Venture capital is a viable form of funding, particularly for companies in high-growth spaces such as technology, energy and biotech. And for some companies, recruiting venture capital makes sense.
But the funding method is not right for everyone. Although there are countless VC firms looking to invest money in up-and-coming companies, that doesn’t mean you should pursue VC funding at all costs.
How can you determine if VC funding is right for your company? You must first develop a crystal-clear picture of your company, where you want to take it and the circumstances that surround it, and do so before seeking any funding.
“The most essential thing to understand is what type of capital you should be seeking,” says Jennifer Hill, who was a venture capital attorney before co-founding foreign language vocabulary tool Sixty Vocab. “Are you in a high-growth space? Are you willing to sell off part of your company in exchange for venture capital? Can you get funding from other sources? You should be able to answer all of those questions before you go after venture capital.”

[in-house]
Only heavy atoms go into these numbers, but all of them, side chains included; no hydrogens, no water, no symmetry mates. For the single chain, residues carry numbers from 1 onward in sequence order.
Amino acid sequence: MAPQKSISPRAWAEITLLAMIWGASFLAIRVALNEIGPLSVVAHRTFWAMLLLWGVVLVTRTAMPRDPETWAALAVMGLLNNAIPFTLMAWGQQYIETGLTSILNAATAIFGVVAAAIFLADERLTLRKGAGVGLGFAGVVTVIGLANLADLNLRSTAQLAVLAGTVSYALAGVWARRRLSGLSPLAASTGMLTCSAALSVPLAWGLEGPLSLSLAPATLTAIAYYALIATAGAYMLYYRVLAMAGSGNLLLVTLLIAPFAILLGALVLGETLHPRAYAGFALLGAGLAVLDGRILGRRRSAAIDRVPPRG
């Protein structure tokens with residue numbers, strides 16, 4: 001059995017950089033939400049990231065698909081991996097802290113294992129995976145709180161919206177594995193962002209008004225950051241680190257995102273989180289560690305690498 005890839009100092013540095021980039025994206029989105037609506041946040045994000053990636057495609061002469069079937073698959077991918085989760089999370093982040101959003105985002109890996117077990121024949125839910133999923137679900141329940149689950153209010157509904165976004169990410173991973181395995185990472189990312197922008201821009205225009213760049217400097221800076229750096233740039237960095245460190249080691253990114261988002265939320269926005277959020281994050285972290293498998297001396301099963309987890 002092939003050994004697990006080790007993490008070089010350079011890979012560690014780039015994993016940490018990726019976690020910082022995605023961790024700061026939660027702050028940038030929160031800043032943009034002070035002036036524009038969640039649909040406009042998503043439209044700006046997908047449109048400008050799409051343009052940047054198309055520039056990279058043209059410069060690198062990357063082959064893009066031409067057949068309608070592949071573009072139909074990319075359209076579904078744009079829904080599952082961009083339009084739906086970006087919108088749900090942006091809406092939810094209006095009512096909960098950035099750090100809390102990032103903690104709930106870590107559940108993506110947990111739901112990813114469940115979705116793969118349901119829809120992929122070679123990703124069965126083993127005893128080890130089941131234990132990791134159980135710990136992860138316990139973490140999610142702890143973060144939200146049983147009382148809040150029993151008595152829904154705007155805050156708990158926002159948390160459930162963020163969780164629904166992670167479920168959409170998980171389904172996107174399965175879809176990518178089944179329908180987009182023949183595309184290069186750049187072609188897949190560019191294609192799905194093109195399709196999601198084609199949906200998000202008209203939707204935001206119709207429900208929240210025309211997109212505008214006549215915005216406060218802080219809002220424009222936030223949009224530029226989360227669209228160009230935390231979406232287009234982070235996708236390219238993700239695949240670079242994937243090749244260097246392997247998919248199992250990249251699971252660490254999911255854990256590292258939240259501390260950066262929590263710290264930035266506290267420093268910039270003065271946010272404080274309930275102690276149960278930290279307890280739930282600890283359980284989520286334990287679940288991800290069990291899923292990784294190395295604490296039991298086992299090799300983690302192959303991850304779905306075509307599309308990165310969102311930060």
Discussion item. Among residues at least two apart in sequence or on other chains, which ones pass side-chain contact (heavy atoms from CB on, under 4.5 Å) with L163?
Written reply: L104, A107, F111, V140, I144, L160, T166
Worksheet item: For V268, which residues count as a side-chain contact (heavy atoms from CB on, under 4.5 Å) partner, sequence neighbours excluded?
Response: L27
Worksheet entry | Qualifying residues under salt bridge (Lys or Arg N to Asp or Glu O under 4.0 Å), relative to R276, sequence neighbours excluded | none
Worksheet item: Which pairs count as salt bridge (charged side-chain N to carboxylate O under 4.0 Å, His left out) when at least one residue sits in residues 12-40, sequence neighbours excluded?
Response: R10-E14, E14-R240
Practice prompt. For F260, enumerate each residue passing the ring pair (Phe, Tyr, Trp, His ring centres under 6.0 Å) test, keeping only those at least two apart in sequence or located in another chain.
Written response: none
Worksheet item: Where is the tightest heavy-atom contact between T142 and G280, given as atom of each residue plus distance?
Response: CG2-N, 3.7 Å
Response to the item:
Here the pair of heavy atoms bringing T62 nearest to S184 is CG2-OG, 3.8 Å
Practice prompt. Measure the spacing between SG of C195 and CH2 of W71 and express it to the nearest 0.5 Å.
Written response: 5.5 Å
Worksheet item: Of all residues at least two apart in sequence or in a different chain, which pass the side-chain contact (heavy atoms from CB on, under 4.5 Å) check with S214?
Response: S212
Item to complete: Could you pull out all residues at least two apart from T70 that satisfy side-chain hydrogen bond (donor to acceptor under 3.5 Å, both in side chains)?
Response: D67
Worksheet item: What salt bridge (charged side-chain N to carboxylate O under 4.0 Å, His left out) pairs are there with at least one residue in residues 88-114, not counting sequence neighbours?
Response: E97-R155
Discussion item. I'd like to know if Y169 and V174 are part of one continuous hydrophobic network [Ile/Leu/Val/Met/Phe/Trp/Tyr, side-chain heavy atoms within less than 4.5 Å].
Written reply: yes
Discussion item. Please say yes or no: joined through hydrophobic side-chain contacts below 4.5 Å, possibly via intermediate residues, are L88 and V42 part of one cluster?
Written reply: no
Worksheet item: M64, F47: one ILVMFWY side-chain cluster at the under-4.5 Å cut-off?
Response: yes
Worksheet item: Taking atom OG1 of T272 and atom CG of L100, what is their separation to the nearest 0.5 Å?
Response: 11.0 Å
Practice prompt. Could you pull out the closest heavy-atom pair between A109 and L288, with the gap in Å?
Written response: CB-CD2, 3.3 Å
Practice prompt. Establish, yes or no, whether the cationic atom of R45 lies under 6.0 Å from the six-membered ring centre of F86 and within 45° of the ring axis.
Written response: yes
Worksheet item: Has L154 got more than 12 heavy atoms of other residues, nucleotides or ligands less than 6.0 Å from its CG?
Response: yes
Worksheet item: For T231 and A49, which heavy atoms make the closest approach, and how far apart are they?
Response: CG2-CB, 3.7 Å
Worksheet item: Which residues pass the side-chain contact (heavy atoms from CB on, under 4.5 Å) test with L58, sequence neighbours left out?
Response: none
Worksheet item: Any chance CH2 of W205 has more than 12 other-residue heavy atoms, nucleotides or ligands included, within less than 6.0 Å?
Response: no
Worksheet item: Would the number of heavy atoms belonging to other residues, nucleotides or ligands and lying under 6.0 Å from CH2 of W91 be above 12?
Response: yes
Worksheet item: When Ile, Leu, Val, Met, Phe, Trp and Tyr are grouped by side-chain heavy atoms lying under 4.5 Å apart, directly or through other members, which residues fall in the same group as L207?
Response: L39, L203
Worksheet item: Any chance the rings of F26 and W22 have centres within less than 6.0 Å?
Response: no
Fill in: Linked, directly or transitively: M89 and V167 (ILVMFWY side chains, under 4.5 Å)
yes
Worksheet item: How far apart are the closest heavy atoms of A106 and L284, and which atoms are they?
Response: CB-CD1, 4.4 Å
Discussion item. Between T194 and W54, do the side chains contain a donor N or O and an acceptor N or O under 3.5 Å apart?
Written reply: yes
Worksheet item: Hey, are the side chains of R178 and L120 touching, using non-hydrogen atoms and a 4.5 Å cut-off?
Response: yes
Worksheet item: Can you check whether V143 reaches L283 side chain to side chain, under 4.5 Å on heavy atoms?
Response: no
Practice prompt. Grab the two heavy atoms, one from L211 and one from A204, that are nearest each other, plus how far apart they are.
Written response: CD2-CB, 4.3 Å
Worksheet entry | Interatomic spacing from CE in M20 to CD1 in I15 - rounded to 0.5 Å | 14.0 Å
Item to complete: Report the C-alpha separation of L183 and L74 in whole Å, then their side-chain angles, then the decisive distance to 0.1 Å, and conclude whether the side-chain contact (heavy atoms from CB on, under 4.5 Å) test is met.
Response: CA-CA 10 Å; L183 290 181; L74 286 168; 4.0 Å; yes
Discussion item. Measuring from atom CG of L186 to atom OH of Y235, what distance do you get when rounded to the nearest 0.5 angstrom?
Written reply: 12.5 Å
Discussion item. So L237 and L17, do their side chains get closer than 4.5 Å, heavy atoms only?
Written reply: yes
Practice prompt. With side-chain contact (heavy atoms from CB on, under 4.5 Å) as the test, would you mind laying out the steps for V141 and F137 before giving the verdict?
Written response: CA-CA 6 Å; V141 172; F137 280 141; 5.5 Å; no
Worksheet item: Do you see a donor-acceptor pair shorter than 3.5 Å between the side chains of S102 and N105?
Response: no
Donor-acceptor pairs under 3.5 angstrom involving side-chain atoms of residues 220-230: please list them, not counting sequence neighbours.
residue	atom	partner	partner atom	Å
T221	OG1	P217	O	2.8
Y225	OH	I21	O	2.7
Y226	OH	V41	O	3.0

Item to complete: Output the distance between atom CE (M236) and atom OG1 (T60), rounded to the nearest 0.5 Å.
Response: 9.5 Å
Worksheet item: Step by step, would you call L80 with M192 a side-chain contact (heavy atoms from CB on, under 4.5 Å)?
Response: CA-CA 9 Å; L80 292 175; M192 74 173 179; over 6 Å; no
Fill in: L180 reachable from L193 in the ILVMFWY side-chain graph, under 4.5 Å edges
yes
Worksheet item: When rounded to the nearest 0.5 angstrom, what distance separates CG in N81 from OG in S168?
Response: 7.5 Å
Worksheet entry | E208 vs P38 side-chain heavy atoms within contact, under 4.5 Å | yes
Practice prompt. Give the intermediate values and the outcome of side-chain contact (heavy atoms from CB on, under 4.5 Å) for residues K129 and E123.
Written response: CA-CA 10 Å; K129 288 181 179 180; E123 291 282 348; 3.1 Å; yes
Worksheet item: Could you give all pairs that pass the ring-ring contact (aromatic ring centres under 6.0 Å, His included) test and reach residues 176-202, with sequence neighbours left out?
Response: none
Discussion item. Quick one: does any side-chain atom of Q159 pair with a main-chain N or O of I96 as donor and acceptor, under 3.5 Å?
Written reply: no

Some venture capital firms fund startups, some fund smaller companies that are past the startup phase, and some only play with the big kids, funding later-stage companies worth $30 million or more.
In any case, finding venture capital funding can be difficult, with lots of dead ends staring you in the face before you find the right match. It can be a lucrative path for companies positioned properly but a frustrating and fruitless road for companies that would have been better off taking another route. Determining which category defines your company can have a profound effect on its long-term health and survival.